The All Blacks, a team with an almost obsessive attention to detail, are unlikely to make the trip to Wembley to visit the stadium before their World Cup opener against Argentina on Monday.
Earlier this week a final decision on whether the goalkickers would make a separate trip had yet to be made - and it will probably be up to Dan Carter and his kicking colleagues to make it - but the squad as a whole will almost certainly not go because the time spent sitting on the bus to get there and back isn't considered worth it.
Instead, the traditional captain's run held the day before the game - and often at the match venue - will be at the All Blacks' hotel and training base in Teddington in south west London. Wembley is almost directly north of their base and only about 25km away, but, due to traffic congestion, a one-way journey could take up to 90 minutes - a big chunk of their day.
As the Pumas are their opponents rather than England, the All Blacks are unlikely to find the atmosphere too daunting. They are used to playing in more intimidating stadiums - Twickenham, Loftus Versfeld and Suncorp Stadium, to name three, so what is likely to be a record World Cup crowd shouldn't faze them.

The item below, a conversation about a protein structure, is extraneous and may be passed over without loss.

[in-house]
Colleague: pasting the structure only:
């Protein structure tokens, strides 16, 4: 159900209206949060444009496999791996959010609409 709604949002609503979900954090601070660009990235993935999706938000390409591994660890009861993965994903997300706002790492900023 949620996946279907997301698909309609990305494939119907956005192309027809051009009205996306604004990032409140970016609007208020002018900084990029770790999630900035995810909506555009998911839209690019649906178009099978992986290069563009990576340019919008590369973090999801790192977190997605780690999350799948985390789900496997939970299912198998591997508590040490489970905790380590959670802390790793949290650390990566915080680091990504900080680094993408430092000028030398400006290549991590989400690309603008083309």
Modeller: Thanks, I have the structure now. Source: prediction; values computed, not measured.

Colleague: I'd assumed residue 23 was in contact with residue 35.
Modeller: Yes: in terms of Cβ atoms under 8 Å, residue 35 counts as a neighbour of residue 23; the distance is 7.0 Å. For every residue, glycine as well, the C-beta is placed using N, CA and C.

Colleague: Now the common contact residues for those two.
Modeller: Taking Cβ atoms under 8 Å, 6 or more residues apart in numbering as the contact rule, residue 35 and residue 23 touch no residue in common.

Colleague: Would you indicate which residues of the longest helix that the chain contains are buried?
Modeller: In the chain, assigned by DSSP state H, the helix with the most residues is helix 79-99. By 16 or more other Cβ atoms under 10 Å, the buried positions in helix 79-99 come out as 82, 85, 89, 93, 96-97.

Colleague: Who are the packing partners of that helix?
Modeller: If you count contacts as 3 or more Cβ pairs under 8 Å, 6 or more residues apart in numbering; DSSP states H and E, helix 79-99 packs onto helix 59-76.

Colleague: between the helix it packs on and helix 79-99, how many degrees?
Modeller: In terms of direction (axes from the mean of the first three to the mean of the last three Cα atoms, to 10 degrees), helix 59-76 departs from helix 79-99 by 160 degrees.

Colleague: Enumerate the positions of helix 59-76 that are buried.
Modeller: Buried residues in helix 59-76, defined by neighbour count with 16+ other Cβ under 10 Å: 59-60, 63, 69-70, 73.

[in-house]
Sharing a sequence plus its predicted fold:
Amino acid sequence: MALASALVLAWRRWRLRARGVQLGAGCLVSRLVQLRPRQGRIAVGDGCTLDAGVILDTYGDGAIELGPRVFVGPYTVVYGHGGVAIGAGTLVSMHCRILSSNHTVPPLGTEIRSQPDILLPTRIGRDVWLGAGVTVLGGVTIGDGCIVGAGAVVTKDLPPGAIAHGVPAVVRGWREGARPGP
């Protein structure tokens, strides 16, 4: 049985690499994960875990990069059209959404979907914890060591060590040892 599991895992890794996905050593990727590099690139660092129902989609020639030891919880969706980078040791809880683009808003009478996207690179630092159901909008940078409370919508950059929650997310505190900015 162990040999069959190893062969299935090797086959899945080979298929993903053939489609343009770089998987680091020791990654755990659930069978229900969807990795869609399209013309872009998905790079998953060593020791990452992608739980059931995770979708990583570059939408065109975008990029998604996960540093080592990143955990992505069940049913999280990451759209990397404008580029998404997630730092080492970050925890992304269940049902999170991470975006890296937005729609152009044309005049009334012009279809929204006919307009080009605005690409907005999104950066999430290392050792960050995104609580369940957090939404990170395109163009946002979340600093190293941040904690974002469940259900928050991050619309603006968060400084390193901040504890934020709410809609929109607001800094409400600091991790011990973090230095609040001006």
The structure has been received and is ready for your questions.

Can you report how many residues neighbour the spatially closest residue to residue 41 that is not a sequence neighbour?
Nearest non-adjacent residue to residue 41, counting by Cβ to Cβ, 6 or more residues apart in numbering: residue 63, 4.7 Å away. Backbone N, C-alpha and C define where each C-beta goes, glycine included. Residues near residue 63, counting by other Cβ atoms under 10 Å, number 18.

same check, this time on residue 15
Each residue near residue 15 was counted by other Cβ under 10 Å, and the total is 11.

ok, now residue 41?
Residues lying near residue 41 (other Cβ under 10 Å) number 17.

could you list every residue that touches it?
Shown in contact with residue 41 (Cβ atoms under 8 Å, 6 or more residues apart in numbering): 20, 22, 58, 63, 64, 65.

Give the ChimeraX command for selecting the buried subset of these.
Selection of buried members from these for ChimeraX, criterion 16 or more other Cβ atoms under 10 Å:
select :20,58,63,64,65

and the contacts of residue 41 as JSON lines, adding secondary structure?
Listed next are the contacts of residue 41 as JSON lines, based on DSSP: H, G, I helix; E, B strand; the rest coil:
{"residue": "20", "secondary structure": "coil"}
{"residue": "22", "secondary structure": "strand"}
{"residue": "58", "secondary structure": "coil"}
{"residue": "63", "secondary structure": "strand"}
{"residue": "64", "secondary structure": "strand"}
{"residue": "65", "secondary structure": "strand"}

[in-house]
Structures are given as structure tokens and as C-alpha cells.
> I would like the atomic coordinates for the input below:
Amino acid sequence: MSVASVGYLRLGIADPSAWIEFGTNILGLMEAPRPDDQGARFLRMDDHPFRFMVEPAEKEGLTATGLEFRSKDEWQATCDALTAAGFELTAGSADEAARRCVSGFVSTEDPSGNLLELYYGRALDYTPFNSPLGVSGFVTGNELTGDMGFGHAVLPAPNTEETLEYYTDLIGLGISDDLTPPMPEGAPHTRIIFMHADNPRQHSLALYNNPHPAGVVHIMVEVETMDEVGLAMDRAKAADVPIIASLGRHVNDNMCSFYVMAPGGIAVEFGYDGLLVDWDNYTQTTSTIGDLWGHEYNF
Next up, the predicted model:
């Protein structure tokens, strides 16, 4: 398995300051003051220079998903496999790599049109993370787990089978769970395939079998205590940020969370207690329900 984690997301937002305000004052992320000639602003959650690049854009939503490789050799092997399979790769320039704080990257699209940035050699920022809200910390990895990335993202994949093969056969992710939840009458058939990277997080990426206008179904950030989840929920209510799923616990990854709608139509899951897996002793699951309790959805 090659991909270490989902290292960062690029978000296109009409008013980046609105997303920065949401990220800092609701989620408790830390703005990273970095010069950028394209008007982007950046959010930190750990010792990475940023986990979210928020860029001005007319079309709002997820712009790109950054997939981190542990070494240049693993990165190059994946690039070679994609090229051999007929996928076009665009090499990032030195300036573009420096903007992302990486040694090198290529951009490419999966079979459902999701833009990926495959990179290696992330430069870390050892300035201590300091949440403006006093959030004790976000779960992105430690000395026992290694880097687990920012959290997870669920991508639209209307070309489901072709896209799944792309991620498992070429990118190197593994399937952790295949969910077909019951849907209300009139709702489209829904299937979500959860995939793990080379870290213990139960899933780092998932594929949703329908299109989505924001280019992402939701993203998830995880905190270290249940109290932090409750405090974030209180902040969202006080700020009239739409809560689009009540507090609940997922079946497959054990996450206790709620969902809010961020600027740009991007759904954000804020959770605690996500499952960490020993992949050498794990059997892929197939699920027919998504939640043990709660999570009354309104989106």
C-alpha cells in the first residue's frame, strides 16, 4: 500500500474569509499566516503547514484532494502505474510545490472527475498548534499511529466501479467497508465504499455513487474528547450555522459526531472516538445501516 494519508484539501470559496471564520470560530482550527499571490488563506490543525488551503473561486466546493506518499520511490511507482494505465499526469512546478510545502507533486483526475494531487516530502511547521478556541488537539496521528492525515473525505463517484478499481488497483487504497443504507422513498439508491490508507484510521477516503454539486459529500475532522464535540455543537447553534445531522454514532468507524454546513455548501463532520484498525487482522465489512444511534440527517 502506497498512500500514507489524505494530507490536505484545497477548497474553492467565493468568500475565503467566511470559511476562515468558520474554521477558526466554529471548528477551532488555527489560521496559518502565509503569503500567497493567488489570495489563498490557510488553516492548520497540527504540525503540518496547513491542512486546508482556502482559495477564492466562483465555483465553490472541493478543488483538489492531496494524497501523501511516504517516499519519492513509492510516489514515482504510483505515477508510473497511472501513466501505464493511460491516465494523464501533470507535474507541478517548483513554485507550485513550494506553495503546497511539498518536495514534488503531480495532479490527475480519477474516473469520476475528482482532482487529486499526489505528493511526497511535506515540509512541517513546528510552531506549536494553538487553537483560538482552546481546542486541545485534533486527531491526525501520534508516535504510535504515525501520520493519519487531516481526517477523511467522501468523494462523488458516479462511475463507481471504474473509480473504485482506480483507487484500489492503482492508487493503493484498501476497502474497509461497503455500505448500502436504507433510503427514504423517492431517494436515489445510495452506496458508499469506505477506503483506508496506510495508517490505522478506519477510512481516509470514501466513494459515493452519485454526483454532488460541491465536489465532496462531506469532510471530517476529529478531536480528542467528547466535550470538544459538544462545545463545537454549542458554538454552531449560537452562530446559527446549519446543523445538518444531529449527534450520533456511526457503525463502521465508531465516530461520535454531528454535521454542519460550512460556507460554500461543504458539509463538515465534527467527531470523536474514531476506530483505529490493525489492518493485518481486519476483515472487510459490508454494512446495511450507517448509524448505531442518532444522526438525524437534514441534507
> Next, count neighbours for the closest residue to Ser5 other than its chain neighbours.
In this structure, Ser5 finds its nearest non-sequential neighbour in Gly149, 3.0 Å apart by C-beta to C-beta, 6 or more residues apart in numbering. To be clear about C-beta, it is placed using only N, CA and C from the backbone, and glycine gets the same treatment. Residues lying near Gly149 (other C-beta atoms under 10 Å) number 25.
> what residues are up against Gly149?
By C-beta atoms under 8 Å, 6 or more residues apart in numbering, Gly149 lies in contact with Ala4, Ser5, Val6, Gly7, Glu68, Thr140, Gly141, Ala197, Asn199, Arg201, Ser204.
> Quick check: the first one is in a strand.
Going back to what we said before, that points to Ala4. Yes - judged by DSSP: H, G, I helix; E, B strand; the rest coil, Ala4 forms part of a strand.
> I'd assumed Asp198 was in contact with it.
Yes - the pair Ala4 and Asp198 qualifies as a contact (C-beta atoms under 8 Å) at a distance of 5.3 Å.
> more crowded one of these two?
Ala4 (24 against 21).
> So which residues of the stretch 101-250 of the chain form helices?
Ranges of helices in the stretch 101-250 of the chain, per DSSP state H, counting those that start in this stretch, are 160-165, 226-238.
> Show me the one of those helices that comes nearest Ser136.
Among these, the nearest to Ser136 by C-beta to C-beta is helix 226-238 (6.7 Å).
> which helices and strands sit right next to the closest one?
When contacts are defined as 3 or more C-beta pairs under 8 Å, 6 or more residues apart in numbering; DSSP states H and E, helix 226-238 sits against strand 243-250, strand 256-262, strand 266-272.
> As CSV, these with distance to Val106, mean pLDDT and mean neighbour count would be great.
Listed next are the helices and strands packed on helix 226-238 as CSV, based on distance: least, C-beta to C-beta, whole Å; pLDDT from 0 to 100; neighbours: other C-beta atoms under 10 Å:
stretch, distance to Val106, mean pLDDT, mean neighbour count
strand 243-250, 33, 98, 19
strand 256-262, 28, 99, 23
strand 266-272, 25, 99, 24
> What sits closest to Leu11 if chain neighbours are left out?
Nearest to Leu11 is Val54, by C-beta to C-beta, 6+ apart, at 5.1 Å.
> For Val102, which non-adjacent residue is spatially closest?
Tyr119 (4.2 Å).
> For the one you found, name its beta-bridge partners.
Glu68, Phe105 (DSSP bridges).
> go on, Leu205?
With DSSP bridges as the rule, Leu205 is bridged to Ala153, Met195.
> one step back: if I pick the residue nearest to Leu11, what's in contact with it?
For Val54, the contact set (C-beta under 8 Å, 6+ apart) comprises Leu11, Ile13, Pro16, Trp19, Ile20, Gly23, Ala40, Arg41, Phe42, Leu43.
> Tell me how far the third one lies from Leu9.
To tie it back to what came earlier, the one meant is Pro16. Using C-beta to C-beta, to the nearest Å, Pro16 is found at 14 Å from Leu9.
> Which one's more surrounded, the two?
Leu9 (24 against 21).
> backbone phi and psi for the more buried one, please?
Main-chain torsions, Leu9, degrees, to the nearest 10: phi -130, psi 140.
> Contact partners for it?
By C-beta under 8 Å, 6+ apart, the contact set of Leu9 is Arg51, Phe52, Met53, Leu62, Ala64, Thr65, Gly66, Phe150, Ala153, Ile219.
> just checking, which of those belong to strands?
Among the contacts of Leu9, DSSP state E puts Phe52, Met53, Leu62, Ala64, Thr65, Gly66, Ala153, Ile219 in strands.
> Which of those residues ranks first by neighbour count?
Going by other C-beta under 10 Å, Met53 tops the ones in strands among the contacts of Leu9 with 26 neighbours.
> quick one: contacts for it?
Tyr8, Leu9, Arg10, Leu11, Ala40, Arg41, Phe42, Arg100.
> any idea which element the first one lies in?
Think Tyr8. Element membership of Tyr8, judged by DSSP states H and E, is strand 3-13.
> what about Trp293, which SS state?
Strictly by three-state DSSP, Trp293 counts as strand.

Sonny Bill Williams is the only member of the squad to have played at Wembley - he did so for the Kiwis league team in their 2013 Rugby League World Cup semifinal victory over England.
His good mate Liam Messam has been before - but as a spectator to another code.
"There have been some massive football games played there and I was lucky enough a couple of years ago to go to an NFL game there - it was pretty impressive," Messam said.
"We are lucky in the job we do that we get to play in some awesome stadiums around the world, Ellis Park, Twickenham, and now we get an opportunity to hopefully play at Wembley. We are just grateful and lucky to be in the position we are."
The All Blacks have played at Wembley Stadium before - the old one, that is - back in 1997 when they beat Wales 42-7. The new stadium, built on the site of the old one, was finished in 2007 and this will be the first time it has held a World Cup match.
The capacity at the venue in north west London is 90,000 and the fixture has sold out. The match between the All Blacks and their Rugby Championship rivals is said to be one of the most popular fixtures of the tournament, with some estimating it could have been sold five times over.
The record stands at 82,957 - the 2003 final between England and Australia in Sydney at what is now called ANZ Stadium.
Beauden Barrett, who is, like Ma'a Nonu, a Chelsea supporter, said of the place which is best known for football and in particular FA Cup finals: "All I know about Wembley is that it's a huge stadium. If I get the opportunity to play there it would be outstanding."
Flanker Sam Cane said: "We play in a lot of awesome stadiums but we're looking forward to Wembley. We know there's a lot of history there."
It's match one in a tournament the All Blacks are rightly viewing as a marathon rather than a sprint, and, in this case they are backing their experience and big-game temperament to get them over any potential unfamiliarity.
Wembley Stadium will also host a Pool D match between Ireland and Romania.